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Baseball Analysis  Mike McCann / Minor Leagues

February 2003


By Mike McCann

I'm sure that most people reading this know the difference between affiliated and independent leagues, but I'll go into some detail about the differences and what affect the two have on each other. The major league baseball teams each have farm systems that are composed of minor league teams. These teams are affiliated minor league teams, as each club is affiliated with a major league organization. Likewise, independent leagues have no affiliation with major league baseball.

Beginning in 1902, the National Association of Professional Baseball Leagues was formed which basically established an agreement between the major and minor league clubs. This agreement assigned a classification to each league, and beginning in the 1920's major league affiliations started so that the team was comprised of a bunch of players that had contracts with the same major league club. Those leagues that did not fall under this agreement were independent leagues, as they were independent of the rules of the National Association and were not assigned a classification. Throughout the last 100 years, there were a number of 'independent' teams within the National Association as they were not affiliated with major league clubs. There were a few independent leagues throughout the century, but they either folded or joined the National Association.

At least this was the case until 1993, when the Northern and Frontier Leagues began play and brought back independent league baseball. By this time, all National Association teams were affiliated with major league clubs, with the exception of one Pioneer League team until 1996. The easiest way for people to distinguish the two types of leagues was to refer to them as affiliated or independent. A few years ago, the National Association officially changed its name to Minor League Baseball and owns all rights to the phrase. So all minor league teams are affiliated with major league clubs and independent teams are not. Therefore, the phrase independent minor league team is an oxymoron. Even though most people refer to any non major professional baseball team as a minor league team, it's technically not correct. But then again, it's also common for people to refer to a player going to a major league club as "going pro", even though they were professionals before they were on the major league team.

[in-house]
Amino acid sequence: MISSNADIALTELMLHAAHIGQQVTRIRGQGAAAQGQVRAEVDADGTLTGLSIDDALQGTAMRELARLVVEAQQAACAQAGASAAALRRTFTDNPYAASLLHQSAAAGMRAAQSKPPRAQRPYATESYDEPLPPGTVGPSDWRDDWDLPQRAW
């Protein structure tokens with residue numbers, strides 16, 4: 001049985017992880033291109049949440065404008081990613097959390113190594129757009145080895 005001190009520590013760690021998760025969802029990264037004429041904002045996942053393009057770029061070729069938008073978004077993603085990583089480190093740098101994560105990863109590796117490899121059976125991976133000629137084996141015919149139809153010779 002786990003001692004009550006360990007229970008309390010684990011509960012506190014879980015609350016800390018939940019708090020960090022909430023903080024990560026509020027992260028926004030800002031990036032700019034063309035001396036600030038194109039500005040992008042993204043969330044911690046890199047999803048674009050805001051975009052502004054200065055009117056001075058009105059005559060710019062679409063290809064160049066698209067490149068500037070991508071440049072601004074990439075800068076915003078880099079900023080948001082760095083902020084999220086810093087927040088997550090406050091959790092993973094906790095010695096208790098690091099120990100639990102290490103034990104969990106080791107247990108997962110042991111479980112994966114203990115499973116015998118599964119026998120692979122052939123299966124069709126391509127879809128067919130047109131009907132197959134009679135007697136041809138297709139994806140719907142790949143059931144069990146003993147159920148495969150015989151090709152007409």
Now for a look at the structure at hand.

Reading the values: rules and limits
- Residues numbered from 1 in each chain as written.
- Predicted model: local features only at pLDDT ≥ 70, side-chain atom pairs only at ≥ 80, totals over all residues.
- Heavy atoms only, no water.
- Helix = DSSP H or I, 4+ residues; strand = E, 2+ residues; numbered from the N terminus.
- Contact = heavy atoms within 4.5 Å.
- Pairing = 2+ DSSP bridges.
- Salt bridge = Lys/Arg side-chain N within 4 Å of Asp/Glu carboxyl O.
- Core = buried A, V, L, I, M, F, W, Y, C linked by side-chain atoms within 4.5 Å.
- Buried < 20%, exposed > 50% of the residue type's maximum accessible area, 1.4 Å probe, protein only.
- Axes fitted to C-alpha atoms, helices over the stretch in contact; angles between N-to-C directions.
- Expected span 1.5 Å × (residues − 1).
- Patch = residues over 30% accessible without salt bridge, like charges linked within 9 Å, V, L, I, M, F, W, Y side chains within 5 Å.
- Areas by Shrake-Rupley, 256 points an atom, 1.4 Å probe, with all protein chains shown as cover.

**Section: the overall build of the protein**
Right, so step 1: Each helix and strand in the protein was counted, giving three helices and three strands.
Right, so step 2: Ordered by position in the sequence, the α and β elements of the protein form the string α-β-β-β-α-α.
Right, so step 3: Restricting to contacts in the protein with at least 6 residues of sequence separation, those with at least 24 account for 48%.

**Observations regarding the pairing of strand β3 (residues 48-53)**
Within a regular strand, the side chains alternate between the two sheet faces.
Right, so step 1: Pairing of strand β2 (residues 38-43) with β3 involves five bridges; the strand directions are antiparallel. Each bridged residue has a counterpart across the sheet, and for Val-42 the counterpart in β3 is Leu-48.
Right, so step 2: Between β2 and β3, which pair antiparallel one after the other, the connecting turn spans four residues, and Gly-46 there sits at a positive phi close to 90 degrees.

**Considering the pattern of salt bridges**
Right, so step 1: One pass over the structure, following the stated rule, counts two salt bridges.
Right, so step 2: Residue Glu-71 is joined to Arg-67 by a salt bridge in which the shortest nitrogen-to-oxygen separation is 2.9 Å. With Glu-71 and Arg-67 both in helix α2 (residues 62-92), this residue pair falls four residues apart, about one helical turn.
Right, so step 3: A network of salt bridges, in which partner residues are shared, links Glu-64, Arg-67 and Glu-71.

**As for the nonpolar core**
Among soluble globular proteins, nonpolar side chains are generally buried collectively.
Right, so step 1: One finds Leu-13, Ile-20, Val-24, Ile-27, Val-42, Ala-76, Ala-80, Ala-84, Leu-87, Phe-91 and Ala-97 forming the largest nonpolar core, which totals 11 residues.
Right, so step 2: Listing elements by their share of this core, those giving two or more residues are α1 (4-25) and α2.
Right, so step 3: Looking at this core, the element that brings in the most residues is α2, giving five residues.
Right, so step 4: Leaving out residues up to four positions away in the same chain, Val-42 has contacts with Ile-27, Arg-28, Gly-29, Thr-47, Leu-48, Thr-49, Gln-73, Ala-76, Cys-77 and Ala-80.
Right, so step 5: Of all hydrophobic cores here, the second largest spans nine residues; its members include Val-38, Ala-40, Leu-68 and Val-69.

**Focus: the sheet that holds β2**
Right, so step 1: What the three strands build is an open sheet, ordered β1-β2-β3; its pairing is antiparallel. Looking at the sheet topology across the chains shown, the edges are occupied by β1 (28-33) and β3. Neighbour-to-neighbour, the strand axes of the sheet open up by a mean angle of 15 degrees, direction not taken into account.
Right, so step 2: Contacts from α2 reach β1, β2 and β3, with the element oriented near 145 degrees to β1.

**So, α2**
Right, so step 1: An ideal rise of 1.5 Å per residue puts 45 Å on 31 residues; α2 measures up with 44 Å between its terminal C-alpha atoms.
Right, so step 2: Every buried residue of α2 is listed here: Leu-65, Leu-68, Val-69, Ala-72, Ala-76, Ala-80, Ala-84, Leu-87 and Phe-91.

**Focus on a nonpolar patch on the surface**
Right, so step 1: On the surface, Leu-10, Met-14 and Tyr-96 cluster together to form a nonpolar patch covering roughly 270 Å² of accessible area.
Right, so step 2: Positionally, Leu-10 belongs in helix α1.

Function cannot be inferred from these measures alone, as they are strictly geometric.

The minor league clubs have an agreement concerning territorial rights, as do each of the independent leagues. As there is no agreement between the affiliated and independent teams, this is where the business competition arises. It has been a common trend for independent teams to move into markets where affiliated teams have recently left. It is generally considered to be more prestigious to have a minor league team than an independent league team, so many cities try to get affiliated teams, but if that fails, they will often get an independent team. The minor leagues are also more stable than independent leagues at this time.